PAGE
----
Travelling with Your Newfs
by Ann Thibault. General Education Committee Chair
Traveling with your Newfoundland can be a wonderful experience or a disaster. A little planning and foresight will help keep your trip on track and have you eagerly planning your next adventure. Whether your plans take you across the country or involve a day trip to go hiking, some of these simple reminders may be in order. In fact packing for the unexpected mishap is a good rule of thumb.
I would strongly recommend the use of a crate when traveling. This becomes a safe haven for your dog. Tie the crate down so that it is held sturdily in place. If your dog is a chewer, a crate will keep your belongings and the inside of your vehicle intact. A Newfoundland can become a large projectile in the event of a car accident. A frightened dog may wander far from the accident scene or worse, inhibit emergency personnel from helping you. Play it safe and use a crate.
Water is another important item. In the event it is hot or you have car trouble, you will be able to keep your Newf sufficiently hydrated and cool. Some Newfs get diarrhea with a change of water so if you are traveling out of town you may want to purchase bottled water at a nearby store. CLEAN UP AFTER YOUR DOG! I cannot stress this particular item enough times. Be prepared. Put a large plastic bag in your pocket before exercising your Newf. Put the plastic bag over your hand like a mitt, scoop up the waste and draw the remaining part of the bag over the waste matter. Then tie the bag closed and deposit it in the nearest trash receptacle. If you are unsure how to do this, practice picking up a large dog toy with your hand enclosed in a bag. All kidding aside, it must be hard to do judging from the number of people who do NOT clean up after their dogs.
Pack dog food, treats, medications and vitamins in an insect and moisture proof container. If your Newf is a nibbler, make sure the water and food containers are packed out of his reach. Upon arrival at your destination, you may want to scan the area phone book and note where the closest veterinary clinic and emergency veterinary hospital is located.
If staying in a hotel that allows pets, a little courtesy goes a long way. Hotel staff will be thrilled that you travel with a crate. Upon check in, inspect your room for any damage to carpet or furniture and report it to the hotel manager right away lest you and your dog are blamed for the damage. Always clean up after your dog and do not allow him to bother other guests.
Once in your hotel room, remove the bedspread and place an old sheet over the covers. This will help to keep blankets free of dog hair and drool. Also an old sheet or tarp placed under the crate will catch excess hair and help to keep the carpeting clean. Feed and water your dog in the bathroom to facilitate easy clean up. Dispose of any uneaten dog food, feces, or vomit in an outdoor trash receptacle. Make sure to pay for any damages your dog may incur.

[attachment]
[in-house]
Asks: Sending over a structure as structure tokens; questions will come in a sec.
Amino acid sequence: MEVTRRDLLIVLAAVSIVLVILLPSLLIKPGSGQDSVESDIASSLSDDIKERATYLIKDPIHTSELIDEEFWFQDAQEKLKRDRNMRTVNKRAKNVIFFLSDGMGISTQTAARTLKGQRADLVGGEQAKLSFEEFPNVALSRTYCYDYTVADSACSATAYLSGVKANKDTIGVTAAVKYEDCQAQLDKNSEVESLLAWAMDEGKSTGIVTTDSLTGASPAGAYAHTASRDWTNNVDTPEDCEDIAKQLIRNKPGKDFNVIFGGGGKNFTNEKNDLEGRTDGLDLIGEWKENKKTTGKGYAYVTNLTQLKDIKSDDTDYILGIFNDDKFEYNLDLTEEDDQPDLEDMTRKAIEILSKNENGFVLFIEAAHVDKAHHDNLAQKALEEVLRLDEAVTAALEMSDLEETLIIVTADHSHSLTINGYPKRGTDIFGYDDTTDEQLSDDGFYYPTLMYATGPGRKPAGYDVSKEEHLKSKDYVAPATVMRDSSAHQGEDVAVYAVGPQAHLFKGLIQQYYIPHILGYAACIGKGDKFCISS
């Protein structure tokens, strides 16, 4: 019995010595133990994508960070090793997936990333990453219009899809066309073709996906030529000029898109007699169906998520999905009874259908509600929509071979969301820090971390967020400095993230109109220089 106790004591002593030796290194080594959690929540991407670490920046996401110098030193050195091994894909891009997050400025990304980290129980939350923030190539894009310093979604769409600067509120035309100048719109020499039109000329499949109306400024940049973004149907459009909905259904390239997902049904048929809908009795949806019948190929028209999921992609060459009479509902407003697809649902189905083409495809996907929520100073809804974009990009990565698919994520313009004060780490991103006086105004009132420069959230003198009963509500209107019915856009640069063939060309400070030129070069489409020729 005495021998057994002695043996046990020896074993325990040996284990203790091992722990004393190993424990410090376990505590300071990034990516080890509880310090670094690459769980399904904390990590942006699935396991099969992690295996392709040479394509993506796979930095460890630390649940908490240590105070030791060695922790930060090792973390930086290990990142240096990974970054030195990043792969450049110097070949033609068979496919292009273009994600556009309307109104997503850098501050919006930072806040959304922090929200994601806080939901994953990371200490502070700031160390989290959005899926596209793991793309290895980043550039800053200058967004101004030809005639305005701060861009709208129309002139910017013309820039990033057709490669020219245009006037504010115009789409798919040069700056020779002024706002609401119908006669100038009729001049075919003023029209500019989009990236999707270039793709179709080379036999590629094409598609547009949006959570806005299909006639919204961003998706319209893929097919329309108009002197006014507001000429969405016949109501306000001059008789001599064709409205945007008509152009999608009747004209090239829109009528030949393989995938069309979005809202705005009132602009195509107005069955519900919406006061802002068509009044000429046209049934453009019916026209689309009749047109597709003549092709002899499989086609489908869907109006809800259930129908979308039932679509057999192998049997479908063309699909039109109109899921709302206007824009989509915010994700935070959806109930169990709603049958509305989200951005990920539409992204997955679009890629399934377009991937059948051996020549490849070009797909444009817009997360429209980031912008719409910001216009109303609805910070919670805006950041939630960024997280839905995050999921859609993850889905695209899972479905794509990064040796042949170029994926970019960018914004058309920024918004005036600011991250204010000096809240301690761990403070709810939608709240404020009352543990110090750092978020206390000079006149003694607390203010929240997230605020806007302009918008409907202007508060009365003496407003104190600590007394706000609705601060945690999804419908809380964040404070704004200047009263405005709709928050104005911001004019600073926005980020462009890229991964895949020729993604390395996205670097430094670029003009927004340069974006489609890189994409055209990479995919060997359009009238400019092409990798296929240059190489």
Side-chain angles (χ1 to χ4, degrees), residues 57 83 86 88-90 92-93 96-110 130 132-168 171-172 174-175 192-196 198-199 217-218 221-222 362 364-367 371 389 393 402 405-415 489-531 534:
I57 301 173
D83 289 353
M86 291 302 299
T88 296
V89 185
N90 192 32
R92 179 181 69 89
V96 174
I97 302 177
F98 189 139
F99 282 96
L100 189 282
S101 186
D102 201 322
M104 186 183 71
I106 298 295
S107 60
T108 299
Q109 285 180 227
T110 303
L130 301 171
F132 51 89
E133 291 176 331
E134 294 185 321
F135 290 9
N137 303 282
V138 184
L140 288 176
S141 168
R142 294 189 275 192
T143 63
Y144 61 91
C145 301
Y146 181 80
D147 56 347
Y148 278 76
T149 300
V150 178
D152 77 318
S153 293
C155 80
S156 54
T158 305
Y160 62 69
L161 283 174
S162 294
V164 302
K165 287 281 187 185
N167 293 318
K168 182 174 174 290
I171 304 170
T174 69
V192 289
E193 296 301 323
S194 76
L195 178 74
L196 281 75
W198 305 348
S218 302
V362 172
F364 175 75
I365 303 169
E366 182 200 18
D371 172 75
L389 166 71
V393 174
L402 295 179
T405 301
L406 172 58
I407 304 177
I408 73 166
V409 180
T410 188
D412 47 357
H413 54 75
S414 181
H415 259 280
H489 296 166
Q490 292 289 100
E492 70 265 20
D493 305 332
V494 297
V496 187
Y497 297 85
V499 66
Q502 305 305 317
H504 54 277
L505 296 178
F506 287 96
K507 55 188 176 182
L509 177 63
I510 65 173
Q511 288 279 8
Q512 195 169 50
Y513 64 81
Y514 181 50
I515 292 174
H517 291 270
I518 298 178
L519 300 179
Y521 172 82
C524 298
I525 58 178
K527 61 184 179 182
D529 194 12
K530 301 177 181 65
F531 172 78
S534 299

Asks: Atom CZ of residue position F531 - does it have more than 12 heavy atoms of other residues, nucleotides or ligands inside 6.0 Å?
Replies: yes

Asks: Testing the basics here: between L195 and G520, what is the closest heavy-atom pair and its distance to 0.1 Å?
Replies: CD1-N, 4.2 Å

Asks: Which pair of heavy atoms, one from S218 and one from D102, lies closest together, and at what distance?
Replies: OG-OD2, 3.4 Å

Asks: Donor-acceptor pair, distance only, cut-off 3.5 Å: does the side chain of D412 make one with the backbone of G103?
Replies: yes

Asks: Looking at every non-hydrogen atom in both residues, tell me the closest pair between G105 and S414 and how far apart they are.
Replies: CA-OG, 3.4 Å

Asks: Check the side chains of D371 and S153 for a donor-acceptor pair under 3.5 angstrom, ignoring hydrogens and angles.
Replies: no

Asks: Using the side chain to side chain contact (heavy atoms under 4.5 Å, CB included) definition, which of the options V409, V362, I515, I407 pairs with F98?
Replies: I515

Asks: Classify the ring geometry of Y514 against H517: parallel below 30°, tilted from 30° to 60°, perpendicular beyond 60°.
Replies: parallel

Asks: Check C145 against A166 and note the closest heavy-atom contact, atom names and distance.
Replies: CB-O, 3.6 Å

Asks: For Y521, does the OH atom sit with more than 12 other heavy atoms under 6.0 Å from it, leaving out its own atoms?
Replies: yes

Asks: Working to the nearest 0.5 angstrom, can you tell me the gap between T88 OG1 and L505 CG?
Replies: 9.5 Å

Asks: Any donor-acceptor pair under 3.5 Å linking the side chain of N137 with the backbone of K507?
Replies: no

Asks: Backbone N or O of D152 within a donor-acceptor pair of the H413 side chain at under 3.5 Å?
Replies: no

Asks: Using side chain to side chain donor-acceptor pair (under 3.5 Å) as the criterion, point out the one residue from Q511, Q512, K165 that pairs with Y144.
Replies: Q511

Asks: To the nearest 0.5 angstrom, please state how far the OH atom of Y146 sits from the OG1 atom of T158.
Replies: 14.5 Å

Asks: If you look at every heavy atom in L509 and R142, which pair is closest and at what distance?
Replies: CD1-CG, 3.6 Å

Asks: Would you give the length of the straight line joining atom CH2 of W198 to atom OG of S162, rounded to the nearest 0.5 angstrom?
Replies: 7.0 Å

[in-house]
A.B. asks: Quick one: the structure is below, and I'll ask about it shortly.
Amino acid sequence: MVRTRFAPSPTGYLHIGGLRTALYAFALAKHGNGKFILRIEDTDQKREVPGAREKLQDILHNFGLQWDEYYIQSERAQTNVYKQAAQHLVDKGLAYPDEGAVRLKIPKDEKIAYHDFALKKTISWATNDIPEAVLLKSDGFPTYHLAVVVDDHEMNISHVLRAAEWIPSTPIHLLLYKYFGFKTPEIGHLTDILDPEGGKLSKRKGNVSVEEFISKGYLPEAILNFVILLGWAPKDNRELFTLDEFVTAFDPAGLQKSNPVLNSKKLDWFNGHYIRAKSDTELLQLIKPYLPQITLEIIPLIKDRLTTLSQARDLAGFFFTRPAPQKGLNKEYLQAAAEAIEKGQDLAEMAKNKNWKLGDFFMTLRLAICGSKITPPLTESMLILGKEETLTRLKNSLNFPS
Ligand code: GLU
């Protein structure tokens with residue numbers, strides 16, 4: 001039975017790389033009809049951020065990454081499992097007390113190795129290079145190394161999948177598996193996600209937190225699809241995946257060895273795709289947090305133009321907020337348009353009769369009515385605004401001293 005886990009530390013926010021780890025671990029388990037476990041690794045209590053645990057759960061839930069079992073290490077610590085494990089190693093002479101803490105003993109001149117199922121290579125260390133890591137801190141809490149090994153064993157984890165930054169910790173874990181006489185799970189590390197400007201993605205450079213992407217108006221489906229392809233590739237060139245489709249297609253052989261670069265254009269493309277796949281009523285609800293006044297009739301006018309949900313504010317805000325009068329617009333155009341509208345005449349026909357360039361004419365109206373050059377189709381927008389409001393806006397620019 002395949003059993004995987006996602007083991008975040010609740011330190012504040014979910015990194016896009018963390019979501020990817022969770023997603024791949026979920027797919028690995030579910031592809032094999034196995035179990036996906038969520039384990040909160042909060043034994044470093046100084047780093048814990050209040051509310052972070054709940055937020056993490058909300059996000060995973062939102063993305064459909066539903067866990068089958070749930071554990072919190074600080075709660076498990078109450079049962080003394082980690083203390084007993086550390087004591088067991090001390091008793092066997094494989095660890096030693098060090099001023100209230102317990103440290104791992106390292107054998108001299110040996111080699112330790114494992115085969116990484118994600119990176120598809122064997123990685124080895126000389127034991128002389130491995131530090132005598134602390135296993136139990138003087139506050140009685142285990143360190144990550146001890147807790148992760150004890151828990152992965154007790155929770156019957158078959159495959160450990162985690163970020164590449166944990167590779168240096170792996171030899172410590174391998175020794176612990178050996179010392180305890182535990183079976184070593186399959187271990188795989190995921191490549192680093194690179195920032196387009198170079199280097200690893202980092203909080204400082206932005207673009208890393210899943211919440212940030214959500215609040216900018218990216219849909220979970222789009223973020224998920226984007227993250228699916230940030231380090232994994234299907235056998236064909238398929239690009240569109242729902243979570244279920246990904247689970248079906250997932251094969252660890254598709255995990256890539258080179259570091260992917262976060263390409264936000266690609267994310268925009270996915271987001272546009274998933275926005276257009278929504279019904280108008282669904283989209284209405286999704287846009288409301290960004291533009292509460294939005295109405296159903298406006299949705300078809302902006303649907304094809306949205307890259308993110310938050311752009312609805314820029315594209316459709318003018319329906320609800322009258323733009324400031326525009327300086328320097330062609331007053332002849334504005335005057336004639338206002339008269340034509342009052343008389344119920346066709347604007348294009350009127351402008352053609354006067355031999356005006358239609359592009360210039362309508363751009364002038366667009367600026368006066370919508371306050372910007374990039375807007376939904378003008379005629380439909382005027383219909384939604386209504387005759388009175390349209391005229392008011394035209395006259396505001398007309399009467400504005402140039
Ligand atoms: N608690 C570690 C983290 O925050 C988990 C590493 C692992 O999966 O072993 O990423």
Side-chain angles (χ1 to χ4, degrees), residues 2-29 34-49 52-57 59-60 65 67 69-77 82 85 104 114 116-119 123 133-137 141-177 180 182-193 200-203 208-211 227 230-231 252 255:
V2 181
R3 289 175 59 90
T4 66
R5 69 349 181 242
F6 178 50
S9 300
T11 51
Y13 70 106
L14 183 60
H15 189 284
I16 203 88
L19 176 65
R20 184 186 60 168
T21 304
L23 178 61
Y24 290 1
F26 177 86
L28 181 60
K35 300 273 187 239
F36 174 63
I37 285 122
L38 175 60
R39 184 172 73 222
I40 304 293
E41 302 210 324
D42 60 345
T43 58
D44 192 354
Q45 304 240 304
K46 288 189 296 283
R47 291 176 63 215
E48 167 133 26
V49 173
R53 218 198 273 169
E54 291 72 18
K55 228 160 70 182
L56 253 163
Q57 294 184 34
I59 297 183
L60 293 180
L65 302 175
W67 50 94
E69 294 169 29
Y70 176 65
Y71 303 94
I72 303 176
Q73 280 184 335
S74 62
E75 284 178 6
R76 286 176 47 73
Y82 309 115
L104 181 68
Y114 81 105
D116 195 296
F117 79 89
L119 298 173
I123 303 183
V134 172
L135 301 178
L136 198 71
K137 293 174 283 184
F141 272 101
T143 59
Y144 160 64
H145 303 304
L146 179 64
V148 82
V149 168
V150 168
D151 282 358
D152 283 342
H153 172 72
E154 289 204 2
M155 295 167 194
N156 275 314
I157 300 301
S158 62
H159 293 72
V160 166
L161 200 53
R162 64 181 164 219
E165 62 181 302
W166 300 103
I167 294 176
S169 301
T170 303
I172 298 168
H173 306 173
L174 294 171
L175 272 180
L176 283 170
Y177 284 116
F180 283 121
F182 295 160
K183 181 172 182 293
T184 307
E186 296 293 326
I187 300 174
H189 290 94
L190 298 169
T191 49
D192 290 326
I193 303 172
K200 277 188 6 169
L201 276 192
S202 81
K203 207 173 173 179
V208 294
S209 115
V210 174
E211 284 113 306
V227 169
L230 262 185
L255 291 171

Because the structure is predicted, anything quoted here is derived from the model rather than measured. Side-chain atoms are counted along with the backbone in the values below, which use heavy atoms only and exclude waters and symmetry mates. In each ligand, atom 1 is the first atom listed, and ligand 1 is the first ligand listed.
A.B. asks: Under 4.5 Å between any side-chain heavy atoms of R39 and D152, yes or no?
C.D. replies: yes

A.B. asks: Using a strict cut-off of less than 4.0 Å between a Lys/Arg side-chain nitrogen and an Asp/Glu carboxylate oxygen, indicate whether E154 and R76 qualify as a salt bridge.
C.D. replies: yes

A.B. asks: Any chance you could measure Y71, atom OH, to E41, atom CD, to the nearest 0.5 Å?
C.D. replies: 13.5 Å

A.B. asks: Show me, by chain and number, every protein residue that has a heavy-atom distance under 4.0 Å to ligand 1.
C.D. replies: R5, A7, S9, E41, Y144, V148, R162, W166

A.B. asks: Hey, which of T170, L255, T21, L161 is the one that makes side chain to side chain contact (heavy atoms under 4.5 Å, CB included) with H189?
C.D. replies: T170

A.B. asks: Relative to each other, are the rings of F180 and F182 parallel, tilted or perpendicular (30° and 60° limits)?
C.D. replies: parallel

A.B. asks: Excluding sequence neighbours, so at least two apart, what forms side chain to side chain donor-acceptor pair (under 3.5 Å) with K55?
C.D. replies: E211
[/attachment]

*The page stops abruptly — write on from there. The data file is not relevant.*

The following is a list of supplies that is by no means complete. See what items you can add to your Newfie's luggage.
• Pack your NCA directory! In the event of an emergency you can contact an NCA member or you may wish to meet other members in the area. This is also a great way to get recommendations for a vet, boarding facility or dog friendly hotels and parks.
• Your dog should carry identification: attach tags to his collar. And you should pack a current photo of your dog, vaccination record, rabies certificate and health certificate if needed. You should have written instructions including at least two names, addresses and phone numbers of people whom you would trust to take care of your dog in the event you are incapacitated. If there was an emergency, could someone you know take charge of your dogs for you? Make provisions ahead of time and have a plan.
On your list of items to pack should be:
• Small fire extinguisher
• Water -Three gallons or more
• Cooler-Filled with ice for you and your Newf
• Food, including treats, vitamins and medications. Keep medications in the original containers.
• Bowls (for both water and food)
• Leashes and collars. Include a leash that is 10 feet or more in length for exercising your Newf in rest areas or parks.
• Pin brush and comb, in case you need to remove stickers and weeds from his coat.
• A favorite toy. Some dogs do not readily potty on long trips. A toy to chase and an area to exercise and run on leash are sure to stimulate the bowels.
• Plastic grocery store bags-these make great poop bags.
• A spray bottle with bleach or cleaner, to clean up a mess in the crate or car.
• A plastic container that will fit under a seat. Inside the container, place a dog first aid book and kit, trash bags, a roll of paper towels, a container of wipes, waterless hand soap, sunscreen and antihistamine for insect bites and stings.
• An old blanket. This can double as a stretcher in the event of an emergency.
• A few old bath towels and hand towels, for slobber, wet dog, etc.
• Sheets or reflective tarps and plastic clamps to make instant shade on a hot day.
• If it is very hot and humid, empty a bag of crushed ice into your Newf's crate. He will know exactly what to do with it.
There are areas to exercise your Newf when traveling AND please remember to clean up after your Newf: ball fields, parks, school grounds, beaches, rest areas, open fields and tennis Courts. I prefer to use a tennis court in the winter as it is usually covered in snow and I can shut the gates and let my Newf play off leash. During the summer, the pavement is hot and the concrete is hard and slippery. I prefer ball fields or soccer fields during the summer months.
reprinted from NewfTide 2001
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